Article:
1. The two satellites were at the same altitude but on different orbits - sort of like one going around equator and one going around the poles.
    2. Their collision must have slowed their orbital velocity as they glanced/collided off of one another. The reduction in velocity would be greater as the collision became more "head-on."
    3. Given that their altitude didn't change and their velocity fell, they should fall to earth.

  9. #809
    Quote Originally Posted by WillJ View Post
    Two satellites collided in 2009, but I'm confused about some of the physics...can someone tell me where my reasoning goes off the rails?

    1. The two satellites were at the same altitude but on different orbits - sort of like one going around equator and one going around the poles.
    2. Their collision must have slowed their orbital velocity as they glanced/collided off of one another. The reduction in velocity would be greater as the collision became more "head-on."
    3. Given that their altitude didn't change and their velocity fell, they should fall to earth.
    Allow me to take a shot.

    Before answering, let's be on the same page as to what an orbit around the earth is geometrically. It is an ellipse with the earth at one of focii.

    1. The two satellites were at the same altitude but on different orbits - sort of like one going around equator and one going around the poles.
    You could have 2 orbits in the same plane (around the equator), but one ellipse has a bigger eccentricity (math translation: eccentricity of a circle is 0, eccentricity of an elongate ellipse that is so far out it is almost a parabola.. For eccentricity = 1 it IS a parabola where the orbiting object doesn't come back. Higher eccentricities are hyperbolas). 2 orbits in the same plane, with different eccentricities would intersect at 2 points. In Newtonian mechanics, the trace of the orbits intersect at the same place, relative to the earth, always. I'll spare you any mention of General Relativity (not relevant here).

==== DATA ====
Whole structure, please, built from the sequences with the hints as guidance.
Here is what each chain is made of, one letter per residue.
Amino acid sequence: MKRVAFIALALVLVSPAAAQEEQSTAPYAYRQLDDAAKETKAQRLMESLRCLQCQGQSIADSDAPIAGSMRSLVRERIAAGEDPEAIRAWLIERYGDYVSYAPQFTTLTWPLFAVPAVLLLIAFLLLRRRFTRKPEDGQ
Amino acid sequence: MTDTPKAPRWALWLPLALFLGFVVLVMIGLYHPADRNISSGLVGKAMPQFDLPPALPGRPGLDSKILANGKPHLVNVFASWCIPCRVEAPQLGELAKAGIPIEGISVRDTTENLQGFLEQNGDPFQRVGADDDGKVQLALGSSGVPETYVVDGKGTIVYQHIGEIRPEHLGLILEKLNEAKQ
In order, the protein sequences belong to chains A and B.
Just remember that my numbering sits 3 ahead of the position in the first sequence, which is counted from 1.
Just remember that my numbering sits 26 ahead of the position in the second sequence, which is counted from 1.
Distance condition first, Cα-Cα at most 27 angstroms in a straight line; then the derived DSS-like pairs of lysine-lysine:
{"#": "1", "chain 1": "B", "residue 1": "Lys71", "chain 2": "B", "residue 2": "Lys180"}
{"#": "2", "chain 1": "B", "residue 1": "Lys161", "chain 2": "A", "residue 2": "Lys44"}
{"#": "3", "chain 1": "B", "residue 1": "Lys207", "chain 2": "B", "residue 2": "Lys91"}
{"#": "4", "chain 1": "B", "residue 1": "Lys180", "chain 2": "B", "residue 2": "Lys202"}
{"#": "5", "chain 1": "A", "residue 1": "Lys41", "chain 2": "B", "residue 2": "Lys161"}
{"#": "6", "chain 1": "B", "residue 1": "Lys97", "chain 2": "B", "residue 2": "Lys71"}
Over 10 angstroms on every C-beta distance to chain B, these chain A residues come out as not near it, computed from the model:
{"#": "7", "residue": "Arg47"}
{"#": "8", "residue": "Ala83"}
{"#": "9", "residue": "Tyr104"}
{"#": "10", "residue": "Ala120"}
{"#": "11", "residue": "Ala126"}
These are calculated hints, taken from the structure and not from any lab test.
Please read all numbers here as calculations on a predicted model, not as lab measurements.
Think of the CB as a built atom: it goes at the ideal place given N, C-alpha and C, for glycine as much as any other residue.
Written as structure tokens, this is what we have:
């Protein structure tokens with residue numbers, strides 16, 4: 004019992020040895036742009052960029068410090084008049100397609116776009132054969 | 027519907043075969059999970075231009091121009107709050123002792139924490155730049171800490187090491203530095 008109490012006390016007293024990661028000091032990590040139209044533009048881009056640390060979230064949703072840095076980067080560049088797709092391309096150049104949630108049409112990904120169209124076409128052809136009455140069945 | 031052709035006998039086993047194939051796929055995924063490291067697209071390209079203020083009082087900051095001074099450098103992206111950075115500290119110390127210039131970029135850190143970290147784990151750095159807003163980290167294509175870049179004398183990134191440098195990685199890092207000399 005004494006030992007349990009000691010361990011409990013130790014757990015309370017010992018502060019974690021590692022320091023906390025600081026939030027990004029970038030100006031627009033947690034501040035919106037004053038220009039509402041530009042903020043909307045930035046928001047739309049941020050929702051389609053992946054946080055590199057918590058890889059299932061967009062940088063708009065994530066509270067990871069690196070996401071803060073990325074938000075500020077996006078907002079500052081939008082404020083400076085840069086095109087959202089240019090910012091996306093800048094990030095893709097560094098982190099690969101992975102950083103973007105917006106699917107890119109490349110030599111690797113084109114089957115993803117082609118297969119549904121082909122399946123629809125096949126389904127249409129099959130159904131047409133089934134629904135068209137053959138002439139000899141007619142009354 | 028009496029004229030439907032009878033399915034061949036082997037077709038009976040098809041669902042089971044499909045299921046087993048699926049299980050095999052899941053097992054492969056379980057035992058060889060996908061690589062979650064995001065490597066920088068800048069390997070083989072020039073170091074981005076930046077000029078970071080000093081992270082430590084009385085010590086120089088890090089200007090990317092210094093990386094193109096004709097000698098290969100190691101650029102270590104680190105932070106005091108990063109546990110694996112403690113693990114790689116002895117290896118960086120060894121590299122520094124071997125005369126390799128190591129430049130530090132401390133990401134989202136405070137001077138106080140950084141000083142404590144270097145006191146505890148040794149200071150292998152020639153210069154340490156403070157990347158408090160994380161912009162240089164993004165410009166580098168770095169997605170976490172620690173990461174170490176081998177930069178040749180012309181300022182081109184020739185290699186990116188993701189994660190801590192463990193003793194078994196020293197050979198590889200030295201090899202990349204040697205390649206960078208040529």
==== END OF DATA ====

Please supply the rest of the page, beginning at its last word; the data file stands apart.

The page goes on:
Another definition: The eccentricity of an ellipse. It is the ratio of the distances from the centre of the ellipse to one of the foci and to one of the vertices of the ellipse, i.e., e = c/a where a is the length of semi-major axis and c is the distance from centre to the foci. With a circlular orbit, c is 0 because the focus is the center of the circle.

    Bonus fact: The eccentricity of earth's orbit around the sun is 0.0167. The longer axis of the ellipse occurs during our winter. The moon's eccentricity around the earth is 0.0549. These differences in eccentricity is why sometimes we have annular eclipses or longer eclipses (one factor anyway). The most eccentric (yes, that is what astronmers call it) of the planets is Pluto at 0.2444 which is why it sometimes is closer to the sun than Neptune and sometimes not.

    But I digress.

    2. Their collision must have slowed their orbital velocity as they glanced/collided off of one another. The reduction in velocity would be greater as the collision became more "head-on."
    Collisions that preserve energy are called elastic collisions. These are ideal descriptions. A collision between 2 satellites is definitely not elastic. Elastic collisions preserve the energy in the system. With satellites "crunching" you have lost energy to deformation of the satellites themselves, and no doubt turned pure kinetic energy into some rotational energy of the satellites; so the system will lose a great deal of energy which will contribute to a change of orbit.

    There are a lot of factors that would go into where the energy went during this crash. But you will definitely lose energy in total and most likely both satellites will suffer.

    3. Given that their altitude didn't change and their velocity fell, they should fall to earth.
    Let's use a recent example mentioned in this forum about what would (actually) happen.
    Remember DART and it's crash into the asteroid moonlet Didymos? That was a head-on collision (almost) with DART slowing down the energy of Didymos. How did they tell if DART had an impact (literally and figuratively) on Didymos. They used the same technique that they used to discover that Didymos was orbiting Dimorphous; they looked at the light coming from the asteroids and noticed the change in light from it, indicating the orbital period of Didymos. Within a couple of days they found that the DART/Didymos collision had altered the orbital period from 11 hours 55 minutes to 11 hours 23 minutes; a faster period by 32 minutes!!! What this tells us is that with less energy, starting from the same orbital position, Didymos's orbit changed for the faster. That is because with less 'speed' the moonlet started to fall toward Dimorphous and had a speed up to result in a faster orbit around. No doubt the orbit became more eccentric too. The new closest point of the orbit was now closer to Dimorphous, which explains the additional speed and shorter orbital period.